Closing another fire stationIt is utterly ironic that The...

LETTERS

December 23, 1997

Closing another fire station

It is utterly ironic that The Sun would print a letter on Dec. 18, decrying the city Fire Department's abysmal habit of closing fire stations in extremely busy areas of our city.

The letter appeared less than 24 hours following an announcement of plans to close yet another city fire station.

There was no press conference, no fanfare, no advance warning the community that will be affected or the department personnel who will be displaced.

The on-shift, day and night chief officers were informed in a typically vacuous manner on Dec. 17 that a decision had been made to close yet another fire station in mid-January as well as the elimination of four battalion chiefs currently staffing one of our eight battalions.

There is no question that further reduction in fire protection is wanton disregard of public safety, so looking for reason in the unrea-sonable would be as futile as looking for help that might not be there.

Stephen G. Fugate

Baltimore

The writer is captain of Truck Company 10 and president of the Baltimore Fire Officers Union, Local 964.

Christmas excursion for railroaders

I would like to thank all of those from the B&O Railroad and CSX for the operation of the special 10-car train that carried 600 people to the lighting of the B&O holly tree by the tracks at Jackson, Md., on Saturday, Dec. 6.

We enjoyed the program that preceded the turning-on of the lights. This was the first time that this well-known tree had been lighted in many years, thanks to the arrangements made by CSX in honor of the B&O.

All this made for a night to remember the nostalgic train ride and the time to see old and new friends, all lovers of railroading. It meant much to view once again the splendor of that lighted tree.

I'm sure that everyone aboard that train would wish to join me in expressing thanks to those responsible.

Virginia Tanner

Stevenson

Right principal makes a difference

I commend you for placing the article by Liz Bowie, "Taking back a school," on the front page of the Dec. 3 issue. I have had the privilege of previously working with Rose Backus-Davis at another Baltimore City school and can say she is an exemplary educator, one of the best I have met in a career that spans 40 years.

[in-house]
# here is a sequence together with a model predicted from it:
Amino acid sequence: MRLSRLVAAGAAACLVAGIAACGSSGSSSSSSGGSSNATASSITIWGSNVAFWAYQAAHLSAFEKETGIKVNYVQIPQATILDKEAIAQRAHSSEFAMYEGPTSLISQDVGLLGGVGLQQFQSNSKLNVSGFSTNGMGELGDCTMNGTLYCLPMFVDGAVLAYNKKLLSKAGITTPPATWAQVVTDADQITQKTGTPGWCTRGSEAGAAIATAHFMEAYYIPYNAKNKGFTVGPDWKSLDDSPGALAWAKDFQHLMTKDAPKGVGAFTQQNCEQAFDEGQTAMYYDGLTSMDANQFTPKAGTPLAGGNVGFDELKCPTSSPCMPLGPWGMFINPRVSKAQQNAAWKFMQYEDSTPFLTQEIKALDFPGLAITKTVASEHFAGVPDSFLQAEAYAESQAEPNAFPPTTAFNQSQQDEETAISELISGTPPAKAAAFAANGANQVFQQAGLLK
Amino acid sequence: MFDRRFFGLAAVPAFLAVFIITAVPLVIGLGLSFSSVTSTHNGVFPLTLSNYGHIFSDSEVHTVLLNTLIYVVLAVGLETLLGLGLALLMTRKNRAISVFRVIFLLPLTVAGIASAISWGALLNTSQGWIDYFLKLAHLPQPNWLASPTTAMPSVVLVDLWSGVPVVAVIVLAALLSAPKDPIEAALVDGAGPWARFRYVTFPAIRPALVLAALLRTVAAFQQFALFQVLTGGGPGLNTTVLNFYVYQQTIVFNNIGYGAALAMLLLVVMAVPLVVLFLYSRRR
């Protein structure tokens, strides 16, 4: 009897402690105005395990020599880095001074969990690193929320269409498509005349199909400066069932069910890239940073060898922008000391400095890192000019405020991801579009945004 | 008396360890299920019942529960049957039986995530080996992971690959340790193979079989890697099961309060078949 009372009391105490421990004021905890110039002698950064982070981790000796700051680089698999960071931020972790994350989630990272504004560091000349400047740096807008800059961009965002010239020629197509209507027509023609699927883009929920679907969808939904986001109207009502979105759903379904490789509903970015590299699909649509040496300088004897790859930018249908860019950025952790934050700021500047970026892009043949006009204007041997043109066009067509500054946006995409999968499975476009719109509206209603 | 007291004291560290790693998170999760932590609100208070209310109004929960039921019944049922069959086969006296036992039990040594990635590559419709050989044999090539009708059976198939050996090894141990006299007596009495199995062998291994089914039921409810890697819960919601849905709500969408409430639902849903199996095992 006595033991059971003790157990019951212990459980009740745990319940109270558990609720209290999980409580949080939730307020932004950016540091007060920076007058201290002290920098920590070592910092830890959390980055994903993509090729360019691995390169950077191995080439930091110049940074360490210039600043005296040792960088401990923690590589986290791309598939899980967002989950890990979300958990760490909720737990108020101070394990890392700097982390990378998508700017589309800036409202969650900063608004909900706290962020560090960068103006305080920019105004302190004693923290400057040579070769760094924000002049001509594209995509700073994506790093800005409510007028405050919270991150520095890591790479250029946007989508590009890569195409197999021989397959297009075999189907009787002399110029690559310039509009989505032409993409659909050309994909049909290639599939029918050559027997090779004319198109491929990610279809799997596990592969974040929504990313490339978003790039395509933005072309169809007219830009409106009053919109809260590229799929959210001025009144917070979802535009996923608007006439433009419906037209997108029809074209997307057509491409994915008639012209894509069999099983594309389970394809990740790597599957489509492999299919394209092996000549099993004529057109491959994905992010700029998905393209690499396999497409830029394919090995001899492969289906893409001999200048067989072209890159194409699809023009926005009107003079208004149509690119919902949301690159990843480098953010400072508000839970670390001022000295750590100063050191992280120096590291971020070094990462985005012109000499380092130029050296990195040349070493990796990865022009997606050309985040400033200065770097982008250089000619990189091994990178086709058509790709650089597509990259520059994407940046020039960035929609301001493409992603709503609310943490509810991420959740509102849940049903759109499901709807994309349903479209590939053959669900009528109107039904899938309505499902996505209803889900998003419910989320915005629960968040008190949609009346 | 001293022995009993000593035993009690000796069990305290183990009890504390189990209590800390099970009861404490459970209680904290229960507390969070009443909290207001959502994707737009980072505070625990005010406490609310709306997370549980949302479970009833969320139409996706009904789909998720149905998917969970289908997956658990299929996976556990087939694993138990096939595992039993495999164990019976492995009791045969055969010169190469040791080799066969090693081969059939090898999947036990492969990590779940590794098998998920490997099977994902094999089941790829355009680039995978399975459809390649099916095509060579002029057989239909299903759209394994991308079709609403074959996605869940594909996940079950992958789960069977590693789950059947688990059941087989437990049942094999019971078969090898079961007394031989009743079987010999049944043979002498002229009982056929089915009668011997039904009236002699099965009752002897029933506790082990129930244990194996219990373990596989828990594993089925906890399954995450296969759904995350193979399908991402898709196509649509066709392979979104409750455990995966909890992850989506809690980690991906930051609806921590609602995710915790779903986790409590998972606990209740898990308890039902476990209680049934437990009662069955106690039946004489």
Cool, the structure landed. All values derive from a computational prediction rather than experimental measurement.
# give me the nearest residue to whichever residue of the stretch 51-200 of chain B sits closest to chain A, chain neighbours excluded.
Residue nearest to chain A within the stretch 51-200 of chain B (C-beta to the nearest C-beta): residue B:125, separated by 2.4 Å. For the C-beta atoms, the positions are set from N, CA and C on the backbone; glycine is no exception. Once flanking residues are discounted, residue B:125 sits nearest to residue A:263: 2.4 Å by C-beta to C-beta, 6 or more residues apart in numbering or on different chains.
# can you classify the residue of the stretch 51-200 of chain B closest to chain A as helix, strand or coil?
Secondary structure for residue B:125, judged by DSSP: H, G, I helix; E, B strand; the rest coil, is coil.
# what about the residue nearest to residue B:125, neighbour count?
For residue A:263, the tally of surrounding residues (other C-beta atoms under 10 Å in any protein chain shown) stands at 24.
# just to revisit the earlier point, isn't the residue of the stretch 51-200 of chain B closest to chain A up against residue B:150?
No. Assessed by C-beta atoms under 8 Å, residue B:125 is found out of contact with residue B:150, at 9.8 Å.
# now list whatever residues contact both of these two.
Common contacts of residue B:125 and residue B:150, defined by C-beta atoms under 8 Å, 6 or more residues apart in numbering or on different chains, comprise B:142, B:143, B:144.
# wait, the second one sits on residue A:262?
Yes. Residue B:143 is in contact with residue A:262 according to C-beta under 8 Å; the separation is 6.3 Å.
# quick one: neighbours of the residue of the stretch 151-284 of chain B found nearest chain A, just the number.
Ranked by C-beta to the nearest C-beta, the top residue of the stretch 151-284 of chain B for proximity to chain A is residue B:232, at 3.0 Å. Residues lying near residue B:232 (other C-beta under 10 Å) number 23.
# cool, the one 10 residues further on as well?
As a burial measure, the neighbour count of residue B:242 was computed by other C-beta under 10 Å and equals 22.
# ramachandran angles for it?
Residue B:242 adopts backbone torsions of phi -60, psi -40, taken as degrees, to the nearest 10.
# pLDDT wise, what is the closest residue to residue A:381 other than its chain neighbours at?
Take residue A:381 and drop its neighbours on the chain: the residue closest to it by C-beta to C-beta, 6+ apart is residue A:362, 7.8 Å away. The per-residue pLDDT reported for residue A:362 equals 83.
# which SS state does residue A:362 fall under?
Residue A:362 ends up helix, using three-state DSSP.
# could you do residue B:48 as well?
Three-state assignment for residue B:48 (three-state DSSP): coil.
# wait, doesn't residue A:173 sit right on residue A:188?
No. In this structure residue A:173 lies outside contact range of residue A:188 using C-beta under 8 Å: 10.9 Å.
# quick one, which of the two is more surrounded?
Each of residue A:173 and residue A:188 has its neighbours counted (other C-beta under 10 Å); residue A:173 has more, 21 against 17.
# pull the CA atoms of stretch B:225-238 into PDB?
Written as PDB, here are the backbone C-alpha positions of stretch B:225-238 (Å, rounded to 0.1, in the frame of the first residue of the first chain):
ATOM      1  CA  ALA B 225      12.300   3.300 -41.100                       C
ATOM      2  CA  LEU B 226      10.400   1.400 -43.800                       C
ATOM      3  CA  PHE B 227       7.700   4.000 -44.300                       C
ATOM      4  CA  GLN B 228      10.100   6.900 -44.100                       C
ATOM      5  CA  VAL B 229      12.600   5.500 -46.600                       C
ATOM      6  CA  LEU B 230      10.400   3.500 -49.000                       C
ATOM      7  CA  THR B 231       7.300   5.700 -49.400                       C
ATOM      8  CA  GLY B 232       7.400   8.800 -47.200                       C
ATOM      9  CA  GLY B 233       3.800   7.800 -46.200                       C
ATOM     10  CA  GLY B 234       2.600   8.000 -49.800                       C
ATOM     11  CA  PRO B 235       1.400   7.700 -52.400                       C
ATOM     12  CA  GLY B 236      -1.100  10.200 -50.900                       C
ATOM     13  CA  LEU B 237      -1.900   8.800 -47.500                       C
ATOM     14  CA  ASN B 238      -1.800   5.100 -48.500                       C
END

She is definitely fearless, as Ms. Bowie describes her, but free of aggressiveness and hostility. Her fearlessness springs from a genuine warmth and trust of all people. She gives everyone unconditional respect and positive regard -- children as well as adults. Each one senses this immediately and responds in kind.

Would that every Baltimore, nay, American school could have a leader such as her. The problems so prominent on our nation's front pages would soon vanish.

Properly prepared professionals with adequate resources and support from the community are what are absent in our public schools.

The youngsters who come to American schools today are fundamentally the same sorts of people who have been there since the beginning. The system has changed, not human nature.

Let us stop blaming parents, pupils and other supposed influences. Rose Backus-Davis and her staff at Douglass High School are proof that it's what happens inside the school building that steers the education process.

More attention to that process will solve today's schooling problems, not finger-pointing and legislated measures that have political motivations rather than scientifically supportable rationales.

Herbert Garber

Baltimore

Pub Date: 12/23/97

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